The third and last round of the cycle 2 Focus Group sessions around Europe was facilitated at an all girls school, the Ausbildungszentrum St. Josef in Salzburg, Austria on Monday. The session was held in German. The school is part of the European Network of Innovative Schools (ENIS) in Austria. Students of St. Josef recently designed an illustrative multilingual brochure for doctors and patients that presents essential phrases used in situations related to patient admission, symptoms, drugs and pharmacy etc. in German, English, Turkish and Croatian. The brochure was distributed in pharmacies and hospitals in and around Salzburg. It represents an inspiring example of online collaboration between students and experts to address societal challenges with hands-on activities.
Six engaged 15 to 16 year old girls participated in the session. Previous to the Focus Group session, the girls visited the Interpredagogika, an e-learning conference in Vienna, where they communicated with a Finnish classroom virtually about the brochure design. Hence, the students were able to draw on their experiences when we spoke about the prototypes TeamUp, ReFlex, Sessions and Ambire. The students mentioned that the technology often fails to work for them. So, although they liked the idea of TeamUp and ReFlex, they said “if the netbooks don’t work properly then it is more work than fun really.” Generally they would prefer to be able to choose to make a recording available for the teacher or not. The students mentioned different learning types (audio, visual and haptic), which they felt the interface is not supporting. For example, “in this interface you cannot see what we did, you can only hear it. It would be good to choose to record and to add a short note as well.” None the less, the students said that the personal audio recordings of ReFlex would add to their team work experience, because “in team work, there are sometimes different opinions, but in the team work we have to come to one outcome.” Through ReFlex opposing opinions could be recorded, shared and discussed.
The Sessions concept of easily connecting to classrooms of other countries was well perceived by the students. However, the ambient rotating classroom concept of Ambire was considered problematic. The students ideated the scenario of someone finishing a task early and starting to browse the Internet for cute cats. This might send a wrong message to others, including the teacher.
Three female teachers (Healthcare, English and Geography), a member of the technical staff, the school principle and a member of the European Network of Innovative Schools (ENIS) Austria participated in the teacher Focus Group Session. During this session, the prototypes TeamUp, ReFlex, Sessions and Ambire were discussed. The teachers said that this school is very keen on teamwork. Usually, teams are formed by the students and the teacher learns about the team formation only at the end of the project. Hence, the visualization of the team formations was considered useful. The TeamUp icons were perceived as delicate, especially when students can see this. Overall, the audio recording of team reflections was perceived as the stronger feature of the tool. For individual recordings using ReFlex, the teachers felt that the students should be able to choose which recordings to share with the teacher. None the less the teachers wanted to see how many recordings were created by each student. They wanted to use the recordings to see how they compare their observations during class. “And the individual recordings are for the students themselves helpful, because it might happen that I work in a team and my individual learning results and my problems might be completely different to those of the rest of the group.” Limiting the recording to 1 minute was considered to be positive, not only because it limits the time the teacher has to spend catching up on the work that was done. For students to learn how to summarize their ideas and present them concisely is quite important.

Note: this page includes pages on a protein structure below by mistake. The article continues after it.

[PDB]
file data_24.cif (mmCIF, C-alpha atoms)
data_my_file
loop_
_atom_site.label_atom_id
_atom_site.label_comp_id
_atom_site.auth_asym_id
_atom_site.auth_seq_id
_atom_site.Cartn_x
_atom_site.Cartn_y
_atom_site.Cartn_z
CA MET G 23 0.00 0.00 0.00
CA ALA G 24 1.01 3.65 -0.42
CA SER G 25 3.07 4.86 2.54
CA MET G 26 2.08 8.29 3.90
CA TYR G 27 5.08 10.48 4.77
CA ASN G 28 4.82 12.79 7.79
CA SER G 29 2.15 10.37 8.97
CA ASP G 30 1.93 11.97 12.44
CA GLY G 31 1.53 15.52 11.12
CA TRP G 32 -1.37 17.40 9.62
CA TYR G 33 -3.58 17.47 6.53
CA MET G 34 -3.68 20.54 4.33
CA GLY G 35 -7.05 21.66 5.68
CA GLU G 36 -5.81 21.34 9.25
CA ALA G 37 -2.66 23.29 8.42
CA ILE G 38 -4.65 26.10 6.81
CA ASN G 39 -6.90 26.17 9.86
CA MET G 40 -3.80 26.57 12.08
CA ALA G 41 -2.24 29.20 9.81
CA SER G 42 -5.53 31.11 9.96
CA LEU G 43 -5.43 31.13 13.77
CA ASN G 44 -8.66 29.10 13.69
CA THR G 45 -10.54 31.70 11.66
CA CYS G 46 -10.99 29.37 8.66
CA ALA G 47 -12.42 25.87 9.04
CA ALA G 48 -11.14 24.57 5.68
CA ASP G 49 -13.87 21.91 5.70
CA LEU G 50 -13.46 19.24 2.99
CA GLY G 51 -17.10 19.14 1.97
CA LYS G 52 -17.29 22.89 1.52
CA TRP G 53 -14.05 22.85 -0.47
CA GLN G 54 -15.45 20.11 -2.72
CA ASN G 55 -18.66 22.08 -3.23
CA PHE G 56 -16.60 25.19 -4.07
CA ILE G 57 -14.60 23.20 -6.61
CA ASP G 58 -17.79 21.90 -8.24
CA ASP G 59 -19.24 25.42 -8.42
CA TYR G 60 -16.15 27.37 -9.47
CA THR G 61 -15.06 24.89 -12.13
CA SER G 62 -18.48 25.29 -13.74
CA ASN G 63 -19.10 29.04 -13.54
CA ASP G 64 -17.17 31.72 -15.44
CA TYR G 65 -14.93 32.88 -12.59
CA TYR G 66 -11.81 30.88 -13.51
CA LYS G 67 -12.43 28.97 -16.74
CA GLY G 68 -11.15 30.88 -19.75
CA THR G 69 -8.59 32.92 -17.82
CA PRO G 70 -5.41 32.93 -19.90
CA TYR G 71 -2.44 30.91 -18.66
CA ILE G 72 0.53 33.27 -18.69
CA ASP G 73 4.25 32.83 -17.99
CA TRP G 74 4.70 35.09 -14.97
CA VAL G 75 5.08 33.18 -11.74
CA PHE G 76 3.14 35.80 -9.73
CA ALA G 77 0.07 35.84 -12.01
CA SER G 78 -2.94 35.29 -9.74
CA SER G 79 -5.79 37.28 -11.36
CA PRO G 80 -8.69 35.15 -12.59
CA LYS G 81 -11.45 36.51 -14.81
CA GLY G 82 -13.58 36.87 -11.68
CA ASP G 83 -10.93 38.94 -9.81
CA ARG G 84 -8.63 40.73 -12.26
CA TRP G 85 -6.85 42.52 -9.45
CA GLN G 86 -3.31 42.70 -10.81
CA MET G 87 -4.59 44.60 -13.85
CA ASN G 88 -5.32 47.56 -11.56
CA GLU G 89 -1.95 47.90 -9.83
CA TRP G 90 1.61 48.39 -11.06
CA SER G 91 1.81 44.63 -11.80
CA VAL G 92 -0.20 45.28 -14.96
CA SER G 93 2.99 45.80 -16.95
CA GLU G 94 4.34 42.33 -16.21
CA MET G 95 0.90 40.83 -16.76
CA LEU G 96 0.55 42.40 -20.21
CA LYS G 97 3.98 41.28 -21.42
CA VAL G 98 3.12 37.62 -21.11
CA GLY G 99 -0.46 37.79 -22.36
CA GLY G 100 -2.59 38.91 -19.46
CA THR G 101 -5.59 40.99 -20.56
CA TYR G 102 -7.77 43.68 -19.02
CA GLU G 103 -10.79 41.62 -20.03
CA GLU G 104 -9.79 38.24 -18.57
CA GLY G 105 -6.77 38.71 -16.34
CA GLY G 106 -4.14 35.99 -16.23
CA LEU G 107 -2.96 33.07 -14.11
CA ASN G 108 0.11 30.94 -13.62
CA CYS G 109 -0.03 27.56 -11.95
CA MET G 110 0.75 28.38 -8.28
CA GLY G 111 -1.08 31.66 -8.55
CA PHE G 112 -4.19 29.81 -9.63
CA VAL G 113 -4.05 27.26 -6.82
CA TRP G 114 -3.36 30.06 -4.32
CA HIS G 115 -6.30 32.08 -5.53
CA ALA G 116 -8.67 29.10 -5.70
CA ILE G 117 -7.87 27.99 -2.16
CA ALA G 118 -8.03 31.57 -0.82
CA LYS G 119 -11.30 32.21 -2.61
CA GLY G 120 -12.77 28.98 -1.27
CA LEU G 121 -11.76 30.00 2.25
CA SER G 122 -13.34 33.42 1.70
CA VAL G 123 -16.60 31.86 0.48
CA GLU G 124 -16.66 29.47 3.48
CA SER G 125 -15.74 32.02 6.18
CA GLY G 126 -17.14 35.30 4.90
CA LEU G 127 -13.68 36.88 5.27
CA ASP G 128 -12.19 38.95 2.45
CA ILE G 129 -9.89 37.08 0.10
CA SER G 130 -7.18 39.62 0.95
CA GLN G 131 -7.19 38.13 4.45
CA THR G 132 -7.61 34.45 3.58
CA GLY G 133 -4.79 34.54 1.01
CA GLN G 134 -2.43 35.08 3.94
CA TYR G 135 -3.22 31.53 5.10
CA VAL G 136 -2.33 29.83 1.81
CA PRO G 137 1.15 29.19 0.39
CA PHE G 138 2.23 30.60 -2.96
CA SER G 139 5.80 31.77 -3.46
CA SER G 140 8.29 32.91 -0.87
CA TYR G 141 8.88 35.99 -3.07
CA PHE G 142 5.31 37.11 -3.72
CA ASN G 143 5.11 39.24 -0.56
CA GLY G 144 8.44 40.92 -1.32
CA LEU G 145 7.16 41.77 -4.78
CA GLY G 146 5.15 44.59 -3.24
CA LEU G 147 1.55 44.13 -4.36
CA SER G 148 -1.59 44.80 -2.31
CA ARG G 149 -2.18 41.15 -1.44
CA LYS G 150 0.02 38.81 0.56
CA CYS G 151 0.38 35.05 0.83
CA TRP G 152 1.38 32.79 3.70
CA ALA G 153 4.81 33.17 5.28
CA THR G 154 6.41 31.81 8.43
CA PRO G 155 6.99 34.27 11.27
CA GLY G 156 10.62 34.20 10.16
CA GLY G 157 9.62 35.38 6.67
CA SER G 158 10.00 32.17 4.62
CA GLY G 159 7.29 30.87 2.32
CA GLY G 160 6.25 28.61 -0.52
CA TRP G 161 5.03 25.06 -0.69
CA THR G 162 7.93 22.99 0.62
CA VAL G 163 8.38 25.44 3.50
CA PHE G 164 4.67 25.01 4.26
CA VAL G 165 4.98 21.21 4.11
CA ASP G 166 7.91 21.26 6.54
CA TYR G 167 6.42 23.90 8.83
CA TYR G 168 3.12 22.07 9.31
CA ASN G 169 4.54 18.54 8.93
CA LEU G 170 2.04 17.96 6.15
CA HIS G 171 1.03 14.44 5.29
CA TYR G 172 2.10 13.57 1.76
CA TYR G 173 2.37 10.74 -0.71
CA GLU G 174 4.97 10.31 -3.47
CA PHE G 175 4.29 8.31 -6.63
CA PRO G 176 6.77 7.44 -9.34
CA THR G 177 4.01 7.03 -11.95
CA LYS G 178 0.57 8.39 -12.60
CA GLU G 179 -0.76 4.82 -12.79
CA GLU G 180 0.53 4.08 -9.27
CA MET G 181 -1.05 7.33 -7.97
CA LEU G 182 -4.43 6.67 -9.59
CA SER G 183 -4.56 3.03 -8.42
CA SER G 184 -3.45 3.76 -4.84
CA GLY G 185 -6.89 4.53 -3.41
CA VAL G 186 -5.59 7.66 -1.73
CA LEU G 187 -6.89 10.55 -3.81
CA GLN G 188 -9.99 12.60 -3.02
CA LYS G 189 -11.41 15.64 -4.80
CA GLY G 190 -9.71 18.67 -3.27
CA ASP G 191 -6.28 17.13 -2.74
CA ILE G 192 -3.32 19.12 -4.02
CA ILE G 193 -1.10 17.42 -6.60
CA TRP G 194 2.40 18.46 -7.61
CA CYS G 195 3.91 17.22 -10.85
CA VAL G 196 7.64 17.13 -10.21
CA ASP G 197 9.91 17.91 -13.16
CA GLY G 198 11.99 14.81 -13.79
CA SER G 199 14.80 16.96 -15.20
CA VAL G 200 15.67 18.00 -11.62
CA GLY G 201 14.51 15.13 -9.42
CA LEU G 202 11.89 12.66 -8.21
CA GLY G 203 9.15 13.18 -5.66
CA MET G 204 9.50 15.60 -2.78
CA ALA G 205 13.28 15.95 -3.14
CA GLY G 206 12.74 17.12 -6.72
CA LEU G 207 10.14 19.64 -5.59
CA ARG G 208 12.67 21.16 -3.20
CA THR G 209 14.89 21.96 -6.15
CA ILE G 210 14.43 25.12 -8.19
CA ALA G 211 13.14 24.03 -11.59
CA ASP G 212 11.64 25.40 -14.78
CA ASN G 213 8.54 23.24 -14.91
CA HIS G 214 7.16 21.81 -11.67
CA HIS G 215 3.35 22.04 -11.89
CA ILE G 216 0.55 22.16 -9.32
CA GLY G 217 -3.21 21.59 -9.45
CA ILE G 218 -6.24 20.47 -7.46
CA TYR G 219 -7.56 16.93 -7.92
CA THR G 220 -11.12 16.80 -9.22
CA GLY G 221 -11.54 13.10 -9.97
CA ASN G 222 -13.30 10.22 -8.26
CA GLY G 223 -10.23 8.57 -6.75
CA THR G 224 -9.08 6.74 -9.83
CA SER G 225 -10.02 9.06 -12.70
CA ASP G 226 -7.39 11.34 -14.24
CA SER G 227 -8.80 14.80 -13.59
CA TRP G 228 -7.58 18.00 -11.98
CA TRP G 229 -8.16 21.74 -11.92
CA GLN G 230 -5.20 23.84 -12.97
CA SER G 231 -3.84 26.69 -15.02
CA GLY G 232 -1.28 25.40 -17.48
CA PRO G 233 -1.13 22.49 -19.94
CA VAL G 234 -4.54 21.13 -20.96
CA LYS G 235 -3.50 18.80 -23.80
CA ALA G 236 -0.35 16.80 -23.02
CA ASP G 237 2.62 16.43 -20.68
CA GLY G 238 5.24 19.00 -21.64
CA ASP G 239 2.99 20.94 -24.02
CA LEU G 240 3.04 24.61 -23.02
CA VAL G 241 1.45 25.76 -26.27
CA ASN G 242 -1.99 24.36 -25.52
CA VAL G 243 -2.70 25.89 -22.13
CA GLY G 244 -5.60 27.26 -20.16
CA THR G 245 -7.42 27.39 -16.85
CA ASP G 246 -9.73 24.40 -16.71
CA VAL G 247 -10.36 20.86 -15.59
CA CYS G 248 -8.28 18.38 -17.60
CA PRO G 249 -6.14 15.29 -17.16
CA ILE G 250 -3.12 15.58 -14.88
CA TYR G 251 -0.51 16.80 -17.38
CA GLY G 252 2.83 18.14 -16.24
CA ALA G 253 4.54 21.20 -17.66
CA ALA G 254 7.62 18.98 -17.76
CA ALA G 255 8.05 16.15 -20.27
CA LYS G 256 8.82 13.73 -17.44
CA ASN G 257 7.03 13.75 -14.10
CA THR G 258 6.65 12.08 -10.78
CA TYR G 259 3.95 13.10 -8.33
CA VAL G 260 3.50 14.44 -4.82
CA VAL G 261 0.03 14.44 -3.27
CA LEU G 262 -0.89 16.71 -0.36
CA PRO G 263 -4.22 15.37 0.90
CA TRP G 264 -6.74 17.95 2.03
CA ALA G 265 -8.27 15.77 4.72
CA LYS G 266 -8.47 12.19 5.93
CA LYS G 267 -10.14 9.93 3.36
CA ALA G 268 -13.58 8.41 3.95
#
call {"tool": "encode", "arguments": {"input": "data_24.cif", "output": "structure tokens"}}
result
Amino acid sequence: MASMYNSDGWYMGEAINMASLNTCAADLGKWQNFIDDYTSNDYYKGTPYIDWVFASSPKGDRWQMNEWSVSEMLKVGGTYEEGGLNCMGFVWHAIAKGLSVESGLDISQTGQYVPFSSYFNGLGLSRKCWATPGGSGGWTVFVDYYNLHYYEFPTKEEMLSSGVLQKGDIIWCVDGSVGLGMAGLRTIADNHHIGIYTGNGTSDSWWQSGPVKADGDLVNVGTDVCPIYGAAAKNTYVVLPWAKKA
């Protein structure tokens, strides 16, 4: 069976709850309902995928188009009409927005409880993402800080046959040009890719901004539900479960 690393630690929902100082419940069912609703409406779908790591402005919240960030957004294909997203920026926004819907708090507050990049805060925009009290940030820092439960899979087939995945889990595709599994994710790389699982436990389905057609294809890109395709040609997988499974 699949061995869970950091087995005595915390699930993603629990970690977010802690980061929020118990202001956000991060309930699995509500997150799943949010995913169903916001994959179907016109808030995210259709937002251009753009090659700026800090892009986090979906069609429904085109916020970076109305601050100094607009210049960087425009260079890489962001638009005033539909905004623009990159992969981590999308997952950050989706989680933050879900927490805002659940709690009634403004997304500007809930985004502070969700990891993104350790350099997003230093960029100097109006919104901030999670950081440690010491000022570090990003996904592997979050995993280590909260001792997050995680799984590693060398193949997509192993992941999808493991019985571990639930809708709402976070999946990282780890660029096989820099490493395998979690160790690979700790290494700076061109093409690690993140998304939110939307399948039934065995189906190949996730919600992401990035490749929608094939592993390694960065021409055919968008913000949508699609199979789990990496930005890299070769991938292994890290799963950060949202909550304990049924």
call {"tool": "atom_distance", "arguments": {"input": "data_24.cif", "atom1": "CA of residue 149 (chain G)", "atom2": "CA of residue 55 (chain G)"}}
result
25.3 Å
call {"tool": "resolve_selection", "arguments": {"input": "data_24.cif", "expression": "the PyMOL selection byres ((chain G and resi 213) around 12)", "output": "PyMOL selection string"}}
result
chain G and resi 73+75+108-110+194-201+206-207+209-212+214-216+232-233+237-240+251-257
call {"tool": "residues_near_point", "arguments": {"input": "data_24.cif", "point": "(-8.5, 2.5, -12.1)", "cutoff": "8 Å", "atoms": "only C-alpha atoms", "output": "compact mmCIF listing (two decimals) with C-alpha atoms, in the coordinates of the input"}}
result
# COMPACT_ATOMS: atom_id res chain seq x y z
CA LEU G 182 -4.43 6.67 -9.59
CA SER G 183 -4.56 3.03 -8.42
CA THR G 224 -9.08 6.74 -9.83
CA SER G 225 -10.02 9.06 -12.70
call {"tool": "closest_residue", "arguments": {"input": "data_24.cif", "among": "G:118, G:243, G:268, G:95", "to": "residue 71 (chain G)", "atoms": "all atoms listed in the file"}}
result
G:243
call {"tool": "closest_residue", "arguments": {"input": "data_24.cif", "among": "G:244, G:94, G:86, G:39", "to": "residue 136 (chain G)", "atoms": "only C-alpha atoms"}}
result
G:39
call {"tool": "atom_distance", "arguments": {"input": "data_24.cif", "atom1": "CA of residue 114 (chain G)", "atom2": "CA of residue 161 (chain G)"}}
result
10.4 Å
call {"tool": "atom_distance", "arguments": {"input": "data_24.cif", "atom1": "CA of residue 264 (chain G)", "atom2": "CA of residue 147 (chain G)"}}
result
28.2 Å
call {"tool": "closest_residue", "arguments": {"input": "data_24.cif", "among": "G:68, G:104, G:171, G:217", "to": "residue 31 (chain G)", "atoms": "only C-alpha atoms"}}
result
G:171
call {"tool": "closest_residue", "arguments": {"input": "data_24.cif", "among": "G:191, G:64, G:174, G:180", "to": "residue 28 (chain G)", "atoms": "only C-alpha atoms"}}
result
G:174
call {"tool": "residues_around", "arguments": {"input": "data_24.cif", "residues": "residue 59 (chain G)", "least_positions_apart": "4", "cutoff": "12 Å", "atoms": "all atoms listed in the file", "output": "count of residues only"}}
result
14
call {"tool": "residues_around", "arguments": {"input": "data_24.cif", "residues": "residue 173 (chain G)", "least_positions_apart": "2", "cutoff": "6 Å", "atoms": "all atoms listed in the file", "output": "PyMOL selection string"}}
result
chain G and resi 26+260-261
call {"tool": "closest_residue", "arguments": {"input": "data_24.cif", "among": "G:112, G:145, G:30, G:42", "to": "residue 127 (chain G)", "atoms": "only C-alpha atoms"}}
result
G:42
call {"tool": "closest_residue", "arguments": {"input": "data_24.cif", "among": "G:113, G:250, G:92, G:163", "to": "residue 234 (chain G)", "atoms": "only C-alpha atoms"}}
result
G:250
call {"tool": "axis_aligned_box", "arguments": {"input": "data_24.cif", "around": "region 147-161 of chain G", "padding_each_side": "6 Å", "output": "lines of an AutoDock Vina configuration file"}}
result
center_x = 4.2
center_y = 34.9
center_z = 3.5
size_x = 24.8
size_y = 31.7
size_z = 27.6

Overall, Sessions was considered to be another version of e-twinning. None the less, the teachers thought that a serendipitous connection as ideated by the British teachers could be useful (see Focus Groups U.K.). The teachers commented that the classroom rotation of Ambire would have to happen very slowly, because any additional screen motion might distract class concentration, but also speculated about the possibility that the students might simply get used to it. “It can definitely be tried to checked how the class would react.”